CRITICAL BENCH: What is the best advice you were ever told?
JARED: The best advice came from the crew that I have now and that is to not over train. I am way better off doing less, than too much.
CRITICAL BENCH: What are your 10 biggest dos for a bigger bench?
JARED: Do's for a bigger bench? First, like I said earlier, pick a shirt and stick with it-learn how to get as much out of it as possible. Second, train lats, lats, and more lats. They are vital for several parts of the lift. Third, hammer your triceps-lift heavy and push them. Use board presses to be able to handle more weight and get your tri's able to lock out what you want to bench. Fourth, your upper back needs to be strong-you need to be able to get set and be able to stay set under maximum weight.
Fifth, learn how to setup properly. Get as big of an arch that you can and train and learn how to stay that way through a full heavy lift. If you setup wrong and start from the wrong spot it's that much harder to finish in the right spot. Sixth, get a group, or even a guy or two to train with. Make sure they know what you should look like while benching properly and make sure they tell you if you do something wrong. If you don't know you are doing something wrong you won't ever be able to correct it. A good group of guys around you is key. Seventh, if you are a bench only guy, don't neglect your back and leg work. You need both of them-especially as you get higher and higher in weight. Learn how to use leg drive. You legs should be used for stability and to help drive the weight up after touching. Most guys don't use near enough leg drive because it's not easy. It takes a while to get the feel for it and get the timing down but it pays off huge in the end. Ninth, don't just train the same way every week-switch it up, weekly. Mix it up from full range to using 2 and 3 board work.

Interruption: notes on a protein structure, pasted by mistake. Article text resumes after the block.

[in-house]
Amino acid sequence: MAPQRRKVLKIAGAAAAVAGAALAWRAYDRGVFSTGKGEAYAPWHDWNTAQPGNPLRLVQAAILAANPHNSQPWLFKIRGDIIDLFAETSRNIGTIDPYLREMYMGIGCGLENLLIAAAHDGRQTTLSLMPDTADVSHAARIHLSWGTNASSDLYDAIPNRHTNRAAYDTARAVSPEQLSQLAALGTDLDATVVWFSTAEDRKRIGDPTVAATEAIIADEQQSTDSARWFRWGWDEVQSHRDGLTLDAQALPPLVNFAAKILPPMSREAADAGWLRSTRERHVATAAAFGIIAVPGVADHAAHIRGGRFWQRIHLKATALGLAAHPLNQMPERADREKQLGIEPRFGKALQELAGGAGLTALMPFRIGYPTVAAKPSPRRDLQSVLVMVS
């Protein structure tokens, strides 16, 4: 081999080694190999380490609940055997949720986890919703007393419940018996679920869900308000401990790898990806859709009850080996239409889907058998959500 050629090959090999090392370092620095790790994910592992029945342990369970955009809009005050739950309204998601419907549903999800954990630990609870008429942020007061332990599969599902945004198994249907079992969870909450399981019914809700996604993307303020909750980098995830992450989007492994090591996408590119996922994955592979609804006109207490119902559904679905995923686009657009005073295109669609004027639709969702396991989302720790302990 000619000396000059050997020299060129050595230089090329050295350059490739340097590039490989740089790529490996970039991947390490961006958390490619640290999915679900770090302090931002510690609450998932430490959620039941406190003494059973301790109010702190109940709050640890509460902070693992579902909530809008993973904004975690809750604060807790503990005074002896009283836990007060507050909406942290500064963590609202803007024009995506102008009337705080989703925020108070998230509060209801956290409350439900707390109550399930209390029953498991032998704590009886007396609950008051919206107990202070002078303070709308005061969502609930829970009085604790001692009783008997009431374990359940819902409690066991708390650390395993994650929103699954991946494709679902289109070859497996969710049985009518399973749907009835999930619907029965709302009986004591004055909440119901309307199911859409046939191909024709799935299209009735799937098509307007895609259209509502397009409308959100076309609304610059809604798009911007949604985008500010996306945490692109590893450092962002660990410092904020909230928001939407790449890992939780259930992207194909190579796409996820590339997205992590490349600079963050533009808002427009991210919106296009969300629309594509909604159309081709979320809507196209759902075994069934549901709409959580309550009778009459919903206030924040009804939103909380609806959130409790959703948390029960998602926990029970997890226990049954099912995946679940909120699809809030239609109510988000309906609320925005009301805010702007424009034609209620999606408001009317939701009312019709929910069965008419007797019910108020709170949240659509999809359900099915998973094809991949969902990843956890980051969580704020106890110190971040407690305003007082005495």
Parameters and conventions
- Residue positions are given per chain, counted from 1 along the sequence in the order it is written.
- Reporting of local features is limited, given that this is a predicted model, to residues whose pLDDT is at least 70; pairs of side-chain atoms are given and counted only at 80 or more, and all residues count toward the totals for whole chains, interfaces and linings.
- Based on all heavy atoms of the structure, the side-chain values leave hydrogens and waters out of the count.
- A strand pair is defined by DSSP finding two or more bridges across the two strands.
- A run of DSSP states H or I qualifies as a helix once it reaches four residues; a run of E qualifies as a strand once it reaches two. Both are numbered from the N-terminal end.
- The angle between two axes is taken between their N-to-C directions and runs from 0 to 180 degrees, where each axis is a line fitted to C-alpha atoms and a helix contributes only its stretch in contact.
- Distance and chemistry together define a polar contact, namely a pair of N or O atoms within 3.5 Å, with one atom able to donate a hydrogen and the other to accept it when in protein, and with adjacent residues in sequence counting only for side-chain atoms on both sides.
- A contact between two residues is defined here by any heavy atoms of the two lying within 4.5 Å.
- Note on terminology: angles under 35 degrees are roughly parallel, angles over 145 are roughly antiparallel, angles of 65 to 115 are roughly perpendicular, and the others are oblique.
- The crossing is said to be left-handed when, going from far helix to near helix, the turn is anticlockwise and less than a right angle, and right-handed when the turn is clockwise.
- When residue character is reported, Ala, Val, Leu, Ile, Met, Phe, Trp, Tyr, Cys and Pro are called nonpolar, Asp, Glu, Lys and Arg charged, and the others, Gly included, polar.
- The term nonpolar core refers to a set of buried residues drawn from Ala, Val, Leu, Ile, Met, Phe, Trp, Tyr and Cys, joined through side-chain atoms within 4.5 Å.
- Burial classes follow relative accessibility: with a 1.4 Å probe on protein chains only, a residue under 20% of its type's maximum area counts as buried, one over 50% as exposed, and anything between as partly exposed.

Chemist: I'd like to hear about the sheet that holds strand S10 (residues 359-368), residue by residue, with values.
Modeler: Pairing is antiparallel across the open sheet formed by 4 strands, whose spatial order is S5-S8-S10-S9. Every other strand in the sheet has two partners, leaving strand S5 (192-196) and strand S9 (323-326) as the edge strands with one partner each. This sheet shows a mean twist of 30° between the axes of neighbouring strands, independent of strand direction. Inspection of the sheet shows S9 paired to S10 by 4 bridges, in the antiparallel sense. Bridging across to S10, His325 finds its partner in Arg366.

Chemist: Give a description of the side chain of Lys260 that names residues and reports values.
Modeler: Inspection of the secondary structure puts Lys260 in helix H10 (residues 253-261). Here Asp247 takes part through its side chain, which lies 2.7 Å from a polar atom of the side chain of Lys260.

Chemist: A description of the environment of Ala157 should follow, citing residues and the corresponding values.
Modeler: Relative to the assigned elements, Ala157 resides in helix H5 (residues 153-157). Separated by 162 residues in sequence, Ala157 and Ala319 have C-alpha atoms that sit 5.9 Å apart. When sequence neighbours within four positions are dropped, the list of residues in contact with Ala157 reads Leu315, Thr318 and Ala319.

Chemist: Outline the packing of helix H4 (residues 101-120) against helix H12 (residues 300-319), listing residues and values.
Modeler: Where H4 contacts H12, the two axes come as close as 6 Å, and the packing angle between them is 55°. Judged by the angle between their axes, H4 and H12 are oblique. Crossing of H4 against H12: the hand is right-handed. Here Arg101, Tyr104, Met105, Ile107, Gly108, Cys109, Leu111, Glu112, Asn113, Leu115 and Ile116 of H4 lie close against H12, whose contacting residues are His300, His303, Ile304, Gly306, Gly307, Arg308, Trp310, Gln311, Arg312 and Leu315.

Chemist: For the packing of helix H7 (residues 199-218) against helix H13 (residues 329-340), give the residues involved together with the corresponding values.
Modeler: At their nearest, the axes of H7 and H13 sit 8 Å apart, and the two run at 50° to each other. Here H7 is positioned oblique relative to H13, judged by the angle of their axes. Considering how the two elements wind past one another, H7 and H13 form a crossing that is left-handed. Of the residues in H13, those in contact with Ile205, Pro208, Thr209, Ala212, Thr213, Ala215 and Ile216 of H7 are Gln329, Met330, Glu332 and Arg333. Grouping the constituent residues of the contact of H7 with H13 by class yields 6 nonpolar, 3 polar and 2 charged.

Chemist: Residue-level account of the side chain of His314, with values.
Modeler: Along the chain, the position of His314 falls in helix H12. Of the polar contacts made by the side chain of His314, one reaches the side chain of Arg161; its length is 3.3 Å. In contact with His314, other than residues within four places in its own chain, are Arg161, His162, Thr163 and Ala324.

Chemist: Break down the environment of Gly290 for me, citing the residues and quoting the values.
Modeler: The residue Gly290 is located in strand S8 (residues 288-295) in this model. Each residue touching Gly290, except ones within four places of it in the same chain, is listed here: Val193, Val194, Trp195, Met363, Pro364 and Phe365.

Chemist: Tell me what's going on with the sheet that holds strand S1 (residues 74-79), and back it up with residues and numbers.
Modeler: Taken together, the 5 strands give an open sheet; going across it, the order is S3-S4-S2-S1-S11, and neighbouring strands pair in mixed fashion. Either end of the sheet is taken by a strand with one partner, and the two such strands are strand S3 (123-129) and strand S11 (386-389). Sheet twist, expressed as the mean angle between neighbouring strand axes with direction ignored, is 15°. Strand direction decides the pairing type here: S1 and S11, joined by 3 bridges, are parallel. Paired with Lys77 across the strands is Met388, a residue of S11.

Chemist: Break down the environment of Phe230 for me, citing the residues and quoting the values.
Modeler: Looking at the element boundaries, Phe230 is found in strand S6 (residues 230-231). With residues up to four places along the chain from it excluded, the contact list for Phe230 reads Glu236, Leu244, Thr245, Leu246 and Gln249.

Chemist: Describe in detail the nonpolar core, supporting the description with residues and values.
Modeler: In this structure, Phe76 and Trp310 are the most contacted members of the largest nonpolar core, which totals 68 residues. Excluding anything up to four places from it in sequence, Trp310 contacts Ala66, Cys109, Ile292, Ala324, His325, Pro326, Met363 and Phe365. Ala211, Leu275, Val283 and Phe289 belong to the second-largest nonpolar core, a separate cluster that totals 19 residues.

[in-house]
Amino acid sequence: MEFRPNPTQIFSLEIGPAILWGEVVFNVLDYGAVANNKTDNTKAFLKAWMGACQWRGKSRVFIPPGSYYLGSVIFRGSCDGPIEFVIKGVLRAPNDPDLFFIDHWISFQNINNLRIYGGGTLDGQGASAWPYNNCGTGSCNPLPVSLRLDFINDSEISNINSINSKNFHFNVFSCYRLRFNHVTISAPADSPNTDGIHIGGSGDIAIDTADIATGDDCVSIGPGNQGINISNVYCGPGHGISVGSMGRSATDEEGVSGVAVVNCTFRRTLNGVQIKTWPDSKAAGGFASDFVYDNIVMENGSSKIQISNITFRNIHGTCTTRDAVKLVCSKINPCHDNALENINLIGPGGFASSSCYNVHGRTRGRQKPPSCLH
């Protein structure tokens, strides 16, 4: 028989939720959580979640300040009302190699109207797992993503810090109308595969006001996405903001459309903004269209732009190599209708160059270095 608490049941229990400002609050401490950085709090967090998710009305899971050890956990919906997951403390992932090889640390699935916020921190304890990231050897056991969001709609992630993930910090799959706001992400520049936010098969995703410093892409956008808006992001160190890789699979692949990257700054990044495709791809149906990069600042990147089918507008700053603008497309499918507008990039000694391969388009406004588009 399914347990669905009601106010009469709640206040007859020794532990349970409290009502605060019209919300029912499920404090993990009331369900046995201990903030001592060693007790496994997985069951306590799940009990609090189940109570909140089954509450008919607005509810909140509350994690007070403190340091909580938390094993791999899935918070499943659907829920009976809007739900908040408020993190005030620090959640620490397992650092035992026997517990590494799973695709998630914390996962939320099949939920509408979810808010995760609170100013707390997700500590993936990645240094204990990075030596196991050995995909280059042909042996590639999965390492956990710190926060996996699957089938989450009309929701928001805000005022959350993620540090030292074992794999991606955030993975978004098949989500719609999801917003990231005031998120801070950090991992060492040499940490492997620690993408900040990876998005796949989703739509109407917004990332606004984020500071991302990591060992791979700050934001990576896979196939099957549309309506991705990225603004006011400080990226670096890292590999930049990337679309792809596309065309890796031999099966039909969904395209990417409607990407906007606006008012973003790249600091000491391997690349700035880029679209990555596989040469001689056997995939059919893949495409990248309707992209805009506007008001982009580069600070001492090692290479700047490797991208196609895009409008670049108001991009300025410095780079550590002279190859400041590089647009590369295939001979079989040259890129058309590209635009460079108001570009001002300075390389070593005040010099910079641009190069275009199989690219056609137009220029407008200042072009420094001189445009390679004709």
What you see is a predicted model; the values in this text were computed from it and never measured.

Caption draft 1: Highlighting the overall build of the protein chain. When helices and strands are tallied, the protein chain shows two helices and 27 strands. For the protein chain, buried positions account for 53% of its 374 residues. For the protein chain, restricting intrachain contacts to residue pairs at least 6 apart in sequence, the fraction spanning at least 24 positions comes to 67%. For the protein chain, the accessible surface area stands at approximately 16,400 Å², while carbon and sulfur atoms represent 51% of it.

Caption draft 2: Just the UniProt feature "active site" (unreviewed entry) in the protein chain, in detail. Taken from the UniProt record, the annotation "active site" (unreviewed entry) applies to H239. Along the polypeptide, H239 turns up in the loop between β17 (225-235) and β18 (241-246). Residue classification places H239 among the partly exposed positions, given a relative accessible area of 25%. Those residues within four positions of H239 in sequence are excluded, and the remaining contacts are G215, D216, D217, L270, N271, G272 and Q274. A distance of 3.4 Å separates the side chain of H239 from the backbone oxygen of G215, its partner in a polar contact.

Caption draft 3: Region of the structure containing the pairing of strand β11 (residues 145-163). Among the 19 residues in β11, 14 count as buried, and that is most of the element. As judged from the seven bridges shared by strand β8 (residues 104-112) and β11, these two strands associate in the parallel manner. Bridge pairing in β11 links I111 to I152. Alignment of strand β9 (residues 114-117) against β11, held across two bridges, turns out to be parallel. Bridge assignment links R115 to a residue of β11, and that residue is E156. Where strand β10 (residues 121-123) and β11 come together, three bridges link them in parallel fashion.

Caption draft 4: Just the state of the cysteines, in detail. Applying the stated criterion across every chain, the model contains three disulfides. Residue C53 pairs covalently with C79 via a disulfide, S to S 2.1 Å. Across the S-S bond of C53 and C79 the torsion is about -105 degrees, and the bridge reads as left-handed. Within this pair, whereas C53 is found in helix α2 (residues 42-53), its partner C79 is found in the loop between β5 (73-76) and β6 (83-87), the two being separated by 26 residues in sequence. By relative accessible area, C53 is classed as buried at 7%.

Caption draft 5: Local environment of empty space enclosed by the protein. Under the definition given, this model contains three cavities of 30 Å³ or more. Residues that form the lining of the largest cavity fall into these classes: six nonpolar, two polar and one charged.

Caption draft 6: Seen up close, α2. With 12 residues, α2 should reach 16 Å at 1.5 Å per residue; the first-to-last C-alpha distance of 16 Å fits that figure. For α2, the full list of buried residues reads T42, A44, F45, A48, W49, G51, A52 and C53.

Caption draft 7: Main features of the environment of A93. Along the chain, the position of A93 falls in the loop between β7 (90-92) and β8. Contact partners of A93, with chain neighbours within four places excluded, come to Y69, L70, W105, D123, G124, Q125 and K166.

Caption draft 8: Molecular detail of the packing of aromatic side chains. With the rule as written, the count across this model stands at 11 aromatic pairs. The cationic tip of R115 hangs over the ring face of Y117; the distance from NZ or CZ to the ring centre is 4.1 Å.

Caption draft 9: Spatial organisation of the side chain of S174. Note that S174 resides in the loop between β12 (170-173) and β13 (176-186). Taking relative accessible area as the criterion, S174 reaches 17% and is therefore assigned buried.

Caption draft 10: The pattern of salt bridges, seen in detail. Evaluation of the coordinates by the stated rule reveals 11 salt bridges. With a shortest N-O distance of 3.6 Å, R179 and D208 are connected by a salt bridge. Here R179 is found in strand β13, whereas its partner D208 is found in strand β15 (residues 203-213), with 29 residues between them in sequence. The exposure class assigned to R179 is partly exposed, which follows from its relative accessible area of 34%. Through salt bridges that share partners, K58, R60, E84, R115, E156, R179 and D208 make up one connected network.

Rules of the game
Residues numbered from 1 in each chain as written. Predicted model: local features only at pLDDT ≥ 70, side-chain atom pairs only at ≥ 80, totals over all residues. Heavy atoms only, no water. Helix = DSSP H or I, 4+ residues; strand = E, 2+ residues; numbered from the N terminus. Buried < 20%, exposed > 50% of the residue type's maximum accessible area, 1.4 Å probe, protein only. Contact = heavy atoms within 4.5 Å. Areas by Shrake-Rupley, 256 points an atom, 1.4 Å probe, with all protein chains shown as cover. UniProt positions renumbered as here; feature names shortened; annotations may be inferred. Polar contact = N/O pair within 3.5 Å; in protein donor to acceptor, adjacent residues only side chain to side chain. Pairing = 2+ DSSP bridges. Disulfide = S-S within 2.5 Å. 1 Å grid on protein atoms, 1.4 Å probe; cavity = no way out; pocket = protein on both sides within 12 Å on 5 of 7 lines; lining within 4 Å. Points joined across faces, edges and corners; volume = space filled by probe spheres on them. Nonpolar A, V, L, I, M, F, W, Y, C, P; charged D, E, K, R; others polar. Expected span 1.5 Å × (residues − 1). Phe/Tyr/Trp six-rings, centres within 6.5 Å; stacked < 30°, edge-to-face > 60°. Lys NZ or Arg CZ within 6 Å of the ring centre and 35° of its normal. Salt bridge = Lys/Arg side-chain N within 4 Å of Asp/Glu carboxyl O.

And lastly, if you train often in a shirt, don't totally forget about your raw bench. You want to keep your raw strength up there and work the top end of your bench for when you get in your shirt. Don't be afraid to load that bar up and try more weight than you know you can bench. It will help get your body and cns used to handling the heavy weights. You have to handle heavy weight if you plan on being able to bench that weight some day. Even if you can't press it back up, make sure you lower the weight and take it to the right place on the way down. If you are in the right place on the way down that puts you in a good spot to be able to press it back up when you are ready and able.